July 6, 2022

Ayn Odin Review: A Nintendo Switch with Android

There have been several attempts to create Android based game consoles, but none have really been planned. The OyaFor example, Kickstarter is a successful and disastrous advertisement Failure. Nvidia’s streaming-focus Shield, Meanwhile, emerged as the best streaming box, but did little to turn Android into a better gaming platform. Google’s OS is not a panacea for creating your own ecosystem.

Recently, however, the openness of Android and access to the product has allowed countless small Chinese companies to develop their own idea. If you want to sell to a small group of retro game enthusiasts, you do not have to have big ambitions to create a platform ecosystem. Companies like Retroid and Anbernic make cheap, low-powered Android handsets in a variety of shapes and sizes, usually with the prototype in mind.

$ 200– $ 300 (depending on configuration) Ain Odin The new Android handset that will be developed in that approach. Made by a small company in Shenzhen without any desire to create a brand new gaming platform, instead you can trust to run any game you want on the device from the beginning. But it’s powerful enough to play more types of games than any of its Android competitors, while its design and control layout offer more flexibility.

Odin’s design inspiration is very obvious: it’s basically one Nintendo Switch Light Runs on Android. As someone who has used the switch light for a couple of years, I really think Ain’s hardware is better. The 5.98-inch 1080p LCD is large and sharp. The handles are very comfortable and have useful customizable rear buttons. The D-Pad looks very similar to the PlayStation Vita, which is a pretty good thing. The sticks have a slightly lower profile than the switch, but they are convenient and easy to use.

Overall the build quality for this type of device is impressive. The unit I tested comes in Super Nintendo style gray and purple, which is a great look. There are blue LED lights on the sides of the device and underneath the analog sticks, which I do not mind, but are happy to turn off. Above, there is a flop similar to the one that hides the switch game cards, here it includes the micro SD card slot and the micro HDMI port. The only real complaint I have about this hardware is the stupid Odin logo underneath the D-Pad.

There are some different versions of Odin. I’ve been testing the $ 287 Odin Pro with Qualcomm Snapdragon 845 processor, 8GB of RAM and 128GB of storage. $ 239 Non-Pro Odin has the same Snapdragon 845 but has half the RAM and storage. The $ 198 Odin Lite comes with 64GB of storage and 4GB of RAM, but replaces Snapdragon with the new MediaTek Dimension D900. All models are available for ordering through Indiegogo, although Lite has begun shipping to sponsors.

Odin has blue LED lights on the bottom and sides of the sticks.

The Snapdragon 845 was used on the flagship Android phones in 2018, so you get the original performance of the Samsung Galaxy Note 9 or Google Pixel 3. However, since Odin has active cooling, it can be run. The processor will be faster most of the time, unlike the thinner smartphones, which have no fans and need to keep their performance cool. Odin’s fan is virtually inaudible in its normal setting, very quiet in performance mode and on par with the Nintendo Switch in its noise in high performance mode. It’s much less noticeable than portable PCs like this Steam platform And this Next to Aya Neo.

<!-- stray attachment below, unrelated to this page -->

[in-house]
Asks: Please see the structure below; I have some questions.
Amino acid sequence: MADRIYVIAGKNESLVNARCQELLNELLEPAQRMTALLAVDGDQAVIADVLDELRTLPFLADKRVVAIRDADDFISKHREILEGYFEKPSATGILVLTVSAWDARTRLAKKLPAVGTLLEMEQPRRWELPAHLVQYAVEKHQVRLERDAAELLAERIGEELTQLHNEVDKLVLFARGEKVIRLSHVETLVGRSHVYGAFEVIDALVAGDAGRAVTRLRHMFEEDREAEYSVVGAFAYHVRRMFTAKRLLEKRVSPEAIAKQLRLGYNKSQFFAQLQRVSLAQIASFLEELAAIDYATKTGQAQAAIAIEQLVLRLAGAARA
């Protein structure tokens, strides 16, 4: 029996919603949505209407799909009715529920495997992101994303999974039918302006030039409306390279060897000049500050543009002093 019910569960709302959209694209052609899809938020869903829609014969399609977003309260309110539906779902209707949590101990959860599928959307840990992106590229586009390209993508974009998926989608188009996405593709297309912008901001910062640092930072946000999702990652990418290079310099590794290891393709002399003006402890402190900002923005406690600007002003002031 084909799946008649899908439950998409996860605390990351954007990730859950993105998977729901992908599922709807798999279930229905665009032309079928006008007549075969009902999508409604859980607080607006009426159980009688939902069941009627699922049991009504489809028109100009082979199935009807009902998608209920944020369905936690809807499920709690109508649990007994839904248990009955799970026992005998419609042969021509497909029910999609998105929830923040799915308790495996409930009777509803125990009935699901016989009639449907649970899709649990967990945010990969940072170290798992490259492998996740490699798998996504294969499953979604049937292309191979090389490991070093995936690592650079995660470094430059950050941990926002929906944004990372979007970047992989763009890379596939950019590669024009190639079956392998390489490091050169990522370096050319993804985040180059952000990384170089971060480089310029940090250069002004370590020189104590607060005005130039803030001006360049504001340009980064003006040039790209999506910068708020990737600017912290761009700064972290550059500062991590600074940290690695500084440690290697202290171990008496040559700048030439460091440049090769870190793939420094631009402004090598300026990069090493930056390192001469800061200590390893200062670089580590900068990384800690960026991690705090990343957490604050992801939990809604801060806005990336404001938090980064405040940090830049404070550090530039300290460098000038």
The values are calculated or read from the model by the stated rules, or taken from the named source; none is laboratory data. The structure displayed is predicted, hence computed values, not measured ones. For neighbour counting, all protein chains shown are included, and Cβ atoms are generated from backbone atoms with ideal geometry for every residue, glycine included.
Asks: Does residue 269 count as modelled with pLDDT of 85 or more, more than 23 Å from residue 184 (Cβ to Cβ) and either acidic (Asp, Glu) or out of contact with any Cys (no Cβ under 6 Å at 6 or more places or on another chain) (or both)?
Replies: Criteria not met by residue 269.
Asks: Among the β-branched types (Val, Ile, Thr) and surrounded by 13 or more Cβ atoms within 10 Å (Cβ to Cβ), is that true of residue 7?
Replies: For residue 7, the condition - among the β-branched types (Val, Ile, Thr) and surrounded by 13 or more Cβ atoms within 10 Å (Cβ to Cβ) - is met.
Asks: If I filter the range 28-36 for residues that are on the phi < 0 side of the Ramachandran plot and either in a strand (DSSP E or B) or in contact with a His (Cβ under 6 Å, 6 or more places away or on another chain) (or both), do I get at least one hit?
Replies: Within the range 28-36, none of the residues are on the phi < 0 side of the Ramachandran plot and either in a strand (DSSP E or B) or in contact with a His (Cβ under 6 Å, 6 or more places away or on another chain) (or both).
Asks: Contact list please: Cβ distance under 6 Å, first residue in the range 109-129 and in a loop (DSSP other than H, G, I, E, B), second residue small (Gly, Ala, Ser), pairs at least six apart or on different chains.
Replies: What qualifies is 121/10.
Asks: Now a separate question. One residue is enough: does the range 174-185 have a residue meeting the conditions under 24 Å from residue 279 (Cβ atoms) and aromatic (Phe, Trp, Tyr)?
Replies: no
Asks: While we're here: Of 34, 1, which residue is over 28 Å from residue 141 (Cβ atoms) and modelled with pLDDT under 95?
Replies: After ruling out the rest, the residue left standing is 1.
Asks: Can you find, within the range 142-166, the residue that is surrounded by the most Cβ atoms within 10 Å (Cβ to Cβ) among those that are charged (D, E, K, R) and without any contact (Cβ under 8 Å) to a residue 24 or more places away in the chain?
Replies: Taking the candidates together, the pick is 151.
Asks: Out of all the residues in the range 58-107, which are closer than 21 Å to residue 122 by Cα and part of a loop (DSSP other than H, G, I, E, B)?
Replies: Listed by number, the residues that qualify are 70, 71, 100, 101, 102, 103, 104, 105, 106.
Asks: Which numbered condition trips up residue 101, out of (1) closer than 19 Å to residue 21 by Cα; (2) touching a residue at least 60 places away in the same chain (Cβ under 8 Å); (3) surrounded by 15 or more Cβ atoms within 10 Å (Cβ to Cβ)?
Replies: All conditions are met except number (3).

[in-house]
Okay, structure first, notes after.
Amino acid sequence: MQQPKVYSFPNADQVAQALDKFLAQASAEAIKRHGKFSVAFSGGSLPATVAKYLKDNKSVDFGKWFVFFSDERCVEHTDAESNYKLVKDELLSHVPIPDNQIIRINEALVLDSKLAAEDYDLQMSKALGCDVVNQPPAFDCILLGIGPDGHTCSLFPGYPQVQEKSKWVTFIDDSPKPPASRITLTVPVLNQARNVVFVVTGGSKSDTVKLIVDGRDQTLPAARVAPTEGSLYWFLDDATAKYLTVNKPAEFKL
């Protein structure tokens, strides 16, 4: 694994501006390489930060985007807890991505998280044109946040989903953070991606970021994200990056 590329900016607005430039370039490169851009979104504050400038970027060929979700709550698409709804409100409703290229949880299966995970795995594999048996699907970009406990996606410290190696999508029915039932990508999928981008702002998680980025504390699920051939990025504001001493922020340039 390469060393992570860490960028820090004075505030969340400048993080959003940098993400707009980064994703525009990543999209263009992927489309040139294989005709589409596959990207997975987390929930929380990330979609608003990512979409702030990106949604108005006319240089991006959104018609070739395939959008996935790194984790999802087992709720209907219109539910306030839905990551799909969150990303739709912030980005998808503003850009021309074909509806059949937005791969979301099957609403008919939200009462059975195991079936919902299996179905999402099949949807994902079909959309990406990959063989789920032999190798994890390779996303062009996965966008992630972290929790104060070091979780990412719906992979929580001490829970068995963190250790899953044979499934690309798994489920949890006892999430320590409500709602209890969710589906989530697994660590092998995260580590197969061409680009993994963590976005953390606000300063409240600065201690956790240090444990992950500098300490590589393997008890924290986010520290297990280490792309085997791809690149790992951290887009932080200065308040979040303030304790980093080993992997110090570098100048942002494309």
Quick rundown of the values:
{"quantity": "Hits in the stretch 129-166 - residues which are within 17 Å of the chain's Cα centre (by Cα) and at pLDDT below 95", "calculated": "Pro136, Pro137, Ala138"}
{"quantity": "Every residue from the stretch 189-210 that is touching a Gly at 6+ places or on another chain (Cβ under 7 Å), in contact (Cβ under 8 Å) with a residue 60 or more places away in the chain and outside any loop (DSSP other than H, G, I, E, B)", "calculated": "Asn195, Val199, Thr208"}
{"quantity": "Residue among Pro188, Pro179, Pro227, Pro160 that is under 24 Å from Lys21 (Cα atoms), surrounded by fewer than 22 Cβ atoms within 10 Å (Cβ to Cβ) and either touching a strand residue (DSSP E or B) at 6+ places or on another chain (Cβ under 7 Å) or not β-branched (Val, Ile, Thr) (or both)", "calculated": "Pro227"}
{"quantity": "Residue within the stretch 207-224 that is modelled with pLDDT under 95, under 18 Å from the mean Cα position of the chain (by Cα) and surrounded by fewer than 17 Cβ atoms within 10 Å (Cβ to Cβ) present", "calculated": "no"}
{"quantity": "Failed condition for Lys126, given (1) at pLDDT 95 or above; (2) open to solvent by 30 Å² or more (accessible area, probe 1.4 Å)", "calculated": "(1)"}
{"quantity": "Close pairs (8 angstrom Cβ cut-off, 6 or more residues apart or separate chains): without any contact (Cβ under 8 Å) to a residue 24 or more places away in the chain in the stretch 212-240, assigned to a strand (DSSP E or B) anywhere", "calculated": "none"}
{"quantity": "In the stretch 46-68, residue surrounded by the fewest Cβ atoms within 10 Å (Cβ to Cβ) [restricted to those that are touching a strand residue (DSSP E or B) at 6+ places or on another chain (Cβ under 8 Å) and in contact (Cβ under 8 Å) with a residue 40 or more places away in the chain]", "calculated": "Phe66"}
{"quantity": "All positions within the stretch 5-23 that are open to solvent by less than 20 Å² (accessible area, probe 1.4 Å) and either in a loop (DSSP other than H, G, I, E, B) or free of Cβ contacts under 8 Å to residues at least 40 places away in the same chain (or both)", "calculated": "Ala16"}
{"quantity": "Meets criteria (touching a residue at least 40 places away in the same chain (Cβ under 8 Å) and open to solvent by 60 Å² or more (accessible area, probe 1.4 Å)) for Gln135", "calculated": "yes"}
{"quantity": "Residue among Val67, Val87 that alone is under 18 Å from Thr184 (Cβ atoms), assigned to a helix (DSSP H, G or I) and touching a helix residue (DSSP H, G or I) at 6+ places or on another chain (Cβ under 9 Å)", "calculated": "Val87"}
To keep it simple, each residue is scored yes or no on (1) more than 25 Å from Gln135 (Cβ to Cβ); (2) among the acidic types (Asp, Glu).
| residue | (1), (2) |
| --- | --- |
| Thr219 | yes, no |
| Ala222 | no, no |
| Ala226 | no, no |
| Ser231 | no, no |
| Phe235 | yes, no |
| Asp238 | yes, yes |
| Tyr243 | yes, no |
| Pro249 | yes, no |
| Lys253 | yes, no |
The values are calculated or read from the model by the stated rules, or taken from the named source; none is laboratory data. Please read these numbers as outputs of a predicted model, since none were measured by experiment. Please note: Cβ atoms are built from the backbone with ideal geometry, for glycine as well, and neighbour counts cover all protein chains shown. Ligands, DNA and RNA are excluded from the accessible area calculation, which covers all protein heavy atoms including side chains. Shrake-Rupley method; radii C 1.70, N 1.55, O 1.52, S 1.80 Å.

The chip found on Android phones three or four years ago may not look as impressive, but it’s more powerful than you get on other Android handsets that use low power MediaTek or Rockchip SoCs. Those devices are intended to play games from 2D consoles or play on early 3D systems such as the original PlayStation and Nintendo 64. However, advanced consoles such as Odin, Dreamcast, PSP and GameCube can be followed. Between its large 16: 9 screen and built-in controls, it’s a much more comfortable and console – like experience than using a new Android phone with an external controller, even if you sacrifice a little performance.

Emulation is a hit and miss by default, and your results will vary depending on how you change settings and which prototypes you choose. However, overall, I found Odin to do an excellent job with all three of the above systems. In general, you would expect GameCube games to run at their original resolution and frame rate, with occasional interruptions. Everything did not work – I could not get the GameCube version NBA Street V3 For loading beyond the intro row, for example, though V2 (Best anyway) Works well. PSP games were a revelation, on the other hand, that most of them could run with greater clarity and better performance than the original hardware.

There are two buttons on the back of the grip.

Even on more powerful PCs, Sony’s proprietary “Emotion Engine” CPU PS2 emulation trick due to its custom instruction package. Odin can run some PS2 games, but I would not buy it to get a seamless, hassle-free experience with most of the computer library. GameCube versions of games, wherever they are, are always the best choice if you want to play something from that console generation.